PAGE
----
Knowing how air pollution harms health is critical. We also need to be able to pinpoint where and how people are most affected. For this, tools known as Health Impact Assessments (HIAs) help incorporate and weigh public health in decision making.
HIAs combine air quality data with information on the health effects of pollutants (known as a concentration response function), health status, and demographics to reveal how pollution’s impacts differ across communities.
Unequal impacts of air pollution in the Bay Area
EDF and researchers at George Washington University conducted an HIA in the San Francisco Bay Area to understand how air pollution is impacting health and how these impacts vary at a hyperlocal level.
We estimated more than 2,500 lives are lost and 5,200 children develop asthma every year in the Bay Area due to exposure to traffic-related pollution. And these impacts are not felt equally.
Certain areas of the city have 30 times higher death rates from pollution than other areas. In overburdened neighborhoods, up to 1 in 2 childhood asthma cases are from pollution, while the average is 1 in 5 cases across the city.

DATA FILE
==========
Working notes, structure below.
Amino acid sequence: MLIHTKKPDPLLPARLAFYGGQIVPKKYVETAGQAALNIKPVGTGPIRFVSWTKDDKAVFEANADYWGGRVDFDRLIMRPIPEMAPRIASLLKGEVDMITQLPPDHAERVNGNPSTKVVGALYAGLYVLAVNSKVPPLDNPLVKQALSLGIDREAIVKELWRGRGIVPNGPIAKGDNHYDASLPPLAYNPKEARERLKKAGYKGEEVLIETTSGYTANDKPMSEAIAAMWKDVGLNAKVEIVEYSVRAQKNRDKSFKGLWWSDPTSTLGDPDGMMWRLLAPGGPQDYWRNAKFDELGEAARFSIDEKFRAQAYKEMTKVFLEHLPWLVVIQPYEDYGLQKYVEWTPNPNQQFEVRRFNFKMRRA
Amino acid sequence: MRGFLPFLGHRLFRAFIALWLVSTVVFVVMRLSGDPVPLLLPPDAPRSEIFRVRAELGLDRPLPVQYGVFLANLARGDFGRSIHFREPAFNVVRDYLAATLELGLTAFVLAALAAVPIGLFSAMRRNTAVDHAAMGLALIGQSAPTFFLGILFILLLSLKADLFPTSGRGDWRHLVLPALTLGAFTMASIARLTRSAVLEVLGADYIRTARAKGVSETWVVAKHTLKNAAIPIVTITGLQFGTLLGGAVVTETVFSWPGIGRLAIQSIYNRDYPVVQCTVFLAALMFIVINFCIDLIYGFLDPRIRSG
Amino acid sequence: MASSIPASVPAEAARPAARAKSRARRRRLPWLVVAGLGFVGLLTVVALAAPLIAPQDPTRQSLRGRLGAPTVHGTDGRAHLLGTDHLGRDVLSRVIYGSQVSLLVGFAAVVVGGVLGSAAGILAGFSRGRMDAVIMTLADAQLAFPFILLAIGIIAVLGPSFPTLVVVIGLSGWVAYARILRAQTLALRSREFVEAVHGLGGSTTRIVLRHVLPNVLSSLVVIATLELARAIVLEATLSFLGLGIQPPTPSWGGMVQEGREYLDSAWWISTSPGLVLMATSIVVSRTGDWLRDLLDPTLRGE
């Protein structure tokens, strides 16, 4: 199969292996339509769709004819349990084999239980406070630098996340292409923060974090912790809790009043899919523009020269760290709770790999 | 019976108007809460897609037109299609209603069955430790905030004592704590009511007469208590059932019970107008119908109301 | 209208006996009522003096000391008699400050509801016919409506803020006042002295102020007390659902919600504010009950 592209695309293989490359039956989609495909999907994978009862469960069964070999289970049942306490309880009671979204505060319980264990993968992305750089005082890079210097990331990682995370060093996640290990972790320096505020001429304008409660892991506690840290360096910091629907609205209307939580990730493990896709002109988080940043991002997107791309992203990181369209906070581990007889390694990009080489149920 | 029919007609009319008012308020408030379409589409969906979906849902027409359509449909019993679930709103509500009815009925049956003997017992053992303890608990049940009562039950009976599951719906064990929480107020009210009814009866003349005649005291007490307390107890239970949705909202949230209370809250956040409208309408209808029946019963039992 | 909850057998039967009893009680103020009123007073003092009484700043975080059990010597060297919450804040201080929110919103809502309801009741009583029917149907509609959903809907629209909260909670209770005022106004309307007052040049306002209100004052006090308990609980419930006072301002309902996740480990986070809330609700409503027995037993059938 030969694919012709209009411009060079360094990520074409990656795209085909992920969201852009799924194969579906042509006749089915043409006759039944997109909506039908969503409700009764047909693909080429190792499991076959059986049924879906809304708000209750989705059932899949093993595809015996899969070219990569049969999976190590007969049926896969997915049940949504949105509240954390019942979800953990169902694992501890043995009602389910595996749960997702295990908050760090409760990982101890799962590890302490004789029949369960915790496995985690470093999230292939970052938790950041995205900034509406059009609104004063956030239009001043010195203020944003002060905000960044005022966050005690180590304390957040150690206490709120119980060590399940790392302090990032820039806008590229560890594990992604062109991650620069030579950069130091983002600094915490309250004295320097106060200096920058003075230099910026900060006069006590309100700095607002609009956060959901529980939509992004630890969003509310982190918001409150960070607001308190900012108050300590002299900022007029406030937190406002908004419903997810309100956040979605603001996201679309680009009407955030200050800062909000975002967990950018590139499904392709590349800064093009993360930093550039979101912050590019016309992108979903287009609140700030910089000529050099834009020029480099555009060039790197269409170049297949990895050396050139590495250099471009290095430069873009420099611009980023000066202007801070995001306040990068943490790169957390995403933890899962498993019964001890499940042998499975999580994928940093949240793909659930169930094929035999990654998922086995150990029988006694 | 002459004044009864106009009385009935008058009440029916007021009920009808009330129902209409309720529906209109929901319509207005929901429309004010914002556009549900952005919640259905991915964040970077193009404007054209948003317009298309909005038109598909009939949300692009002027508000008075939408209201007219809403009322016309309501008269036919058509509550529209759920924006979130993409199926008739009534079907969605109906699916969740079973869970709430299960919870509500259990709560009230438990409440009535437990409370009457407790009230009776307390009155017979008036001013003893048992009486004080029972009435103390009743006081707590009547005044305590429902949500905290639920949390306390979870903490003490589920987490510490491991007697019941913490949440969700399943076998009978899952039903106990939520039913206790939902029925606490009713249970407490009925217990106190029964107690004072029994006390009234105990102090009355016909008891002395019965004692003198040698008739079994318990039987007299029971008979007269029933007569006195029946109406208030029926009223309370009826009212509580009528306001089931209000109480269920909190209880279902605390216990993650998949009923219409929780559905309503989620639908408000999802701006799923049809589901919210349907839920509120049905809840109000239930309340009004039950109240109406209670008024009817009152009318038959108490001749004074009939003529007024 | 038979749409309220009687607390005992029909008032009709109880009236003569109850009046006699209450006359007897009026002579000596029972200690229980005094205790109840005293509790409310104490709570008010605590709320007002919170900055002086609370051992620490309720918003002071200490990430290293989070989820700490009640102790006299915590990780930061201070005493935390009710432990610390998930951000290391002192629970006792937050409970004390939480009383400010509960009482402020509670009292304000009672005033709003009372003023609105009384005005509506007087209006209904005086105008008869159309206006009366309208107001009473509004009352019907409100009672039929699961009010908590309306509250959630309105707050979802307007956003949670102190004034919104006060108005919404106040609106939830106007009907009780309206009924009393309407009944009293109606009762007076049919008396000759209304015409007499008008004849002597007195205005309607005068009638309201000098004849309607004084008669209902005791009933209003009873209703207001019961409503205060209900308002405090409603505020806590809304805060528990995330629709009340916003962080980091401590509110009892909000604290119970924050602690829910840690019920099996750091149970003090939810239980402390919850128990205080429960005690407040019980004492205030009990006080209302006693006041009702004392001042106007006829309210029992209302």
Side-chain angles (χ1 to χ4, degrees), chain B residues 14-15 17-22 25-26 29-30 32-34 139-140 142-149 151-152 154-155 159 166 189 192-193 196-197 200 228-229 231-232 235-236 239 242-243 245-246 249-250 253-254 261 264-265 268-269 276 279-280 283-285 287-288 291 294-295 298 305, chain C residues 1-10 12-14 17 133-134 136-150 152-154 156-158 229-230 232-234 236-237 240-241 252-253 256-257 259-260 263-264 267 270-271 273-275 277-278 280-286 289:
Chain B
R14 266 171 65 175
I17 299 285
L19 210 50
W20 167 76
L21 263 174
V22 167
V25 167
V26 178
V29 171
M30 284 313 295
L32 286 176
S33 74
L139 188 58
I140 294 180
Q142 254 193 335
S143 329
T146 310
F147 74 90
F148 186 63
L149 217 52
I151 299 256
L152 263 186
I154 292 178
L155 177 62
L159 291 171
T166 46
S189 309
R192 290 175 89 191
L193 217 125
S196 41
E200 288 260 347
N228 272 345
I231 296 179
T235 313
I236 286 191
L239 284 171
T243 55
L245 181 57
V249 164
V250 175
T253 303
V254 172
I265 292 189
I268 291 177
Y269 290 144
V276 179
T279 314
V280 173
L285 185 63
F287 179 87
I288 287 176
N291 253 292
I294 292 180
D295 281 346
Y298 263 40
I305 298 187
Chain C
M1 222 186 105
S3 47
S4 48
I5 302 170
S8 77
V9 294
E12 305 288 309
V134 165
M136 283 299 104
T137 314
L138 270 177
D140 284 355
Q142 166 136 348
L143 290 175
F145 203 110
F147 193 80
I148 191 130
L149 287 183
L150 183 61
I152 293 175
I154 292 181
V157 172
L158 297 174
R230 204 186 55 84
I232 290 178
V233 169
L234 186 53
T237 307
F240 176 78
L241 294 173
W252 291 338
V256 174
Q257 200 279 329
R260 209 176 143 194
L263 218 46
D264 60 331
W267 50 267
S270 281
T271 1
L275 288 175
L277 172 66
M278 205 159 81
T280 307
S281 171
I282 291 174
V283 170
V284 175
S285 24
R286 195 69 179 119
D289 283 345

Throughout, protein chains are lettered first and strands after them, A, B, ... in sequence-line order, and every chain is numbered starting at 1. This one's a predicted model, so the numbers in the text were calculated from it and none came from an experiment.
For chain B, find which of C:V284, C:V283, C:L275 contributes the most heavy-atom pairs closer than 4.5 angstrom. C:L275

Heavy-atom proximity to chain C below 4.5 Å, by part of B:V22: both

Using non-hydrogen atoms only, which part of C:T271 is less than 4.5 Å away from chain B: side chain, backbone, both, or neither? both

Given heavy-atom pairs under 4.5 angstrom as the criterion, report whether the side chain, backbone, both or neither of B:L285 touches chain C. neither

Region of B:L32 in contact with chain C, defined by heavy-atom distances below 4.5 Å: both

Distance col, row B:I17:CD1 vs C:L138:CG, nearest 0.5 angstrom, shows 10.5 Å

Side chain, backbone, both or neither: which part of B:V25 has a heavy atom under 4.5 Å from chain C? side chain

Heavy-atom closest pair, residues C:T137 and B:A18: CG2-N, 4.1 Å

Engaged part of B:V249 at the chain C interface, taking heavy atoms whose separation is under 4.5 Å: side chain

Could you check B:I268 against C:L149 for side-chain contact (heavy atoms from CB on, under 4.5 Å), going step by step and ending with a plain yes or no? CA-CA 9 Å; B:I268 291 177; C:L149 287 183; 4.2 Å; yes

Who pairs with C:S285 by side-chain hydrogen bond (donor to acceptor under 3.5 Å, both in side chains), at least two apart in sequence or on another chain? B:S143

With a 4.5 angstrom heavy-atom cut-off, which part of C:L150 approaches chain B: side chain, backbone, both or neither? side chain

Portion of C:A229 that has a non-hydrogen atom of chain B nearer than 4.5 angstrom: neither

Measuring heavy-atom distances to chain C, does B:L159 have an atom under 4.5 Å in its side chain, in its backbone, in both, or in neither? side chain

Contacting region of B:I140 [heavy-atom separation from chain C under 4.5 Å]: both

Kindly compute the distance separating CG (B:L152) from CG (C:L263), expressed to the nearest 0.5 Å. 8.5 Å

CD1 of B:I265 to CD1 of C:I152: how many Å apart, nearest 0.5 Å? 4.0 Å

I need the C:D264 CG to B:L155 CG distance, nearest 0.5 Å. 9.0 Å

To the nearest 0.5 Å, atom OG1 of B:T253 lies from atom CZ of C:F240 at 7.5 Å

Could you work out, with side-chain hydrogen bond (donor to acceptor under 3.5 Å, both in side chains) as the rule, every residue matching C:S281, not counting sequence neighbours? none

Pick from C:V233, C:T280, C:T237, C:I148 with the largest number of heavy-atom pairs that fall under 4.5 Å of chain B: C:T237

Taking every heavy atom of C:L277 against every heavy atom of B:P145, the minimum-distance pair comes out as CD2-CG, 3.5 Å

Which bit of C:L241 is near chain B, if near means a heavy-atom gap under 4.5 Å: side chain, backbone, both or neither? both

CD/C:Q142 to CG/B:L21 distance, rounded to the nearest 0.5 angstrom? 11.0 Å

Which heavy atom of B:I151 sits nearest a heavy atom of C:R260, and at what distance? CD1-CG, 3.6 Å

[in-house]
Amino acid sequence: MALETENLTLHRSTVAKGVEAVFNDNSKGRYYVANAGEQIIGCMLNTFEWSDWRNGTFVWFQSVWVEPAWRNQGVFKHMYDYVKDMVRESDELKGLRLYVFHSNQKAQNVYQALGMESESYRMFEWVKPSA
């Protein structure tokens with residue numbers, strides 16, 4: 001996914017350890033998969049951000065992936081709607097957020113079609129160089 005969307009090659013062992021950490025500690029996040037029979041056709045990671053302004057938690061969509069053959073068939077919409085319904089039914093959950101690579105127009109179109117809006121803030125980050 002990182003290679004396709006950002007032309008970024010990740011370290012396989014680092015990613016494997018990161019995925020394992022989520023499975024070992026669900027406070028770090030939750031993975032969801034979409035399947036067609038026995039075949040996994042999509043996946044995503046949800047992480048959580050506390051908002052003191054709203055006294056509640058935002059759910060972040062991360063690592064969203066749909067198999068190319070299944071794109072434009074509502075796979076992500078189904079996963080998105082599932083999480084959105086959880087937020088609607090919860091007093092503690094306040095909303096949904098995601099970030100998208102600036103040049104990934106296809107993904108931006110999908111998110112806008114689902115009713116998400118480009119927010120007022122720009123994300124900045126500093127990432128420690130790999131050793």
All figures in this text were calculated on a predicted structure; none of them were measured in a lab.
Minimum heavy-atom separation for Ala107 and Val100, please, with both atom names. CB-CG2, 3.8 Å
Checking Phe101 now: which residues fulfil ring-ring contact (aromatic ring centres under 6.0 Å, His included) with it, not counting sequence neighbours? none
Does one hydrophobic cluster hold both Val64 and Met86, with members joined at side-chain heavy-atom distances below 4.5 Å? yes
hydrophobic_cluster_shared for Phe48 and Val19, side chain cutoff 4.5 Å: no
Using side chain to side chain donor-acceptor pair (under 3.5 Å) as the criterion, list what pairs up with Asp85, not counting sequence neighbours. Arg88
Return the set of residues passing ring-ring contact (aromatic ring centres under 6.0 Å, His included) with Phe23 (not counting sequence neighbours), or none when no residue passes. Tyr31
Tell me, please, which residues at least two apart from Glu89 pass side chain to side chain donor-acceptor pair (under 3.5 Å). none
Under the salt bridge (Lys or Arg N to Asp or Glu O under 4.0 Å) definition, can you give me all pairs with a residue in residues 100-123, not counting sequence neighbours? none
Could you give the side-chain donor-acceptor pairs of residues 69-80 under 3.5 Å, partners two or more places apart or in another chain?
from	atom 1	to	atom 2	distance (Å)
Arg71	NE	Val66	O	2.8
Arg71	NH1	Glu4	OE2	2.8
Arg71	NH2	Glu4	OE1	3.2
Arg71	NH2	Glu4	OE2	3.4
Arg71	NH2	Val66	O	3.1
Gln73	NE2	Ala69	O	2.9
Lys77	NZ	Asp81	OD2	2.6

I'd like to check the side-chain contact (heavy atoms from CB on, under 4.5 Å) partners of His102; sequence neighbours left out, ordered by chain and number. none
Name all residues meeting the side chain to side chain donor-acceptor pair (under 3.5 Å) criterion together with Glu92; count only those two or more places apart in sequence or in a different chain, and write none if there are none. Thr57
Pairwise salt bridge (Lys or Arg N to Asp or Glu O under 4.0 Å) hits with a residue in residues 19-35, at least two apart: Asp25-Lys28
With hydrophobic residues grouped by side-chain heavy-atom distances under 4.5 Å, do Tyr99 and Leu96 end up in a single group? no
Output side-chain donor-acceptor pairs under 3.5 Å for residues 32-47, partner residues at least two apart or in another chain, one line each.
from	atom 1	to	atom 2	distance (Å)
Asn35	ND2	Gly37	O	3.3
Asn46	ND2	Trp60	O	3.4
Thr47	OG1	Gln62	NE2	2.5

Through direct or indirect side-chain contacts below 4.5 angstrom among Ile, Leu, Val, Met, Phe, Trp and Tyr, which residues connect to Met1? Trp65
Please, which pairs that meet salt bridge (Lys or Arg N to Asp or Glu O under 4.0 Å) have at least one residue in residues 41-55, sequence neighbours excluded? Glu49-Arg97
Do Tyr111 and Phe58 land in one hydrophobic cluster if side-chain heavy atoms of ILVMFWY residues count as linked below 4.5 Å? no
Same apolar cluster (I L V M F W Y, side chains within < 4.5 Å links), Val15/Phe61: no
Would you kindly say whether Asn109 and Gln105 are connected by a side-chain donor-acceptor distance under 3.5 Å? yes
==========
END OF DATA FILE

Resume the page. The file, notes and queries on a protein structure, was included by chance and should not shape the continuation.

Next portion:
There are major racial disparities in these impacts—on average, areas with higher percentages of people of color face double the asthma rate from pollution compared to predominantly white neighborhoods.
Better data reveals hotspots and disparities
By using hyperlocal air pollution data and local health information, the analysis revealed large disparities and identified hotspots of health impacts that would not have been recognized with less-resolved data. Specifically, if the analysis had used less-detailed health information, it would have underestimated the deaths from pollution up to 50% in Oakland compared to data that captured health disparities.
Local data can support equitable decision-making
HIAs, using local data, can be powerful tools for understanding how pollution worsens existing health disparities. They can also reveal the health benefits from reducing pollution through mitigation actions and policies.
Learn more about the research.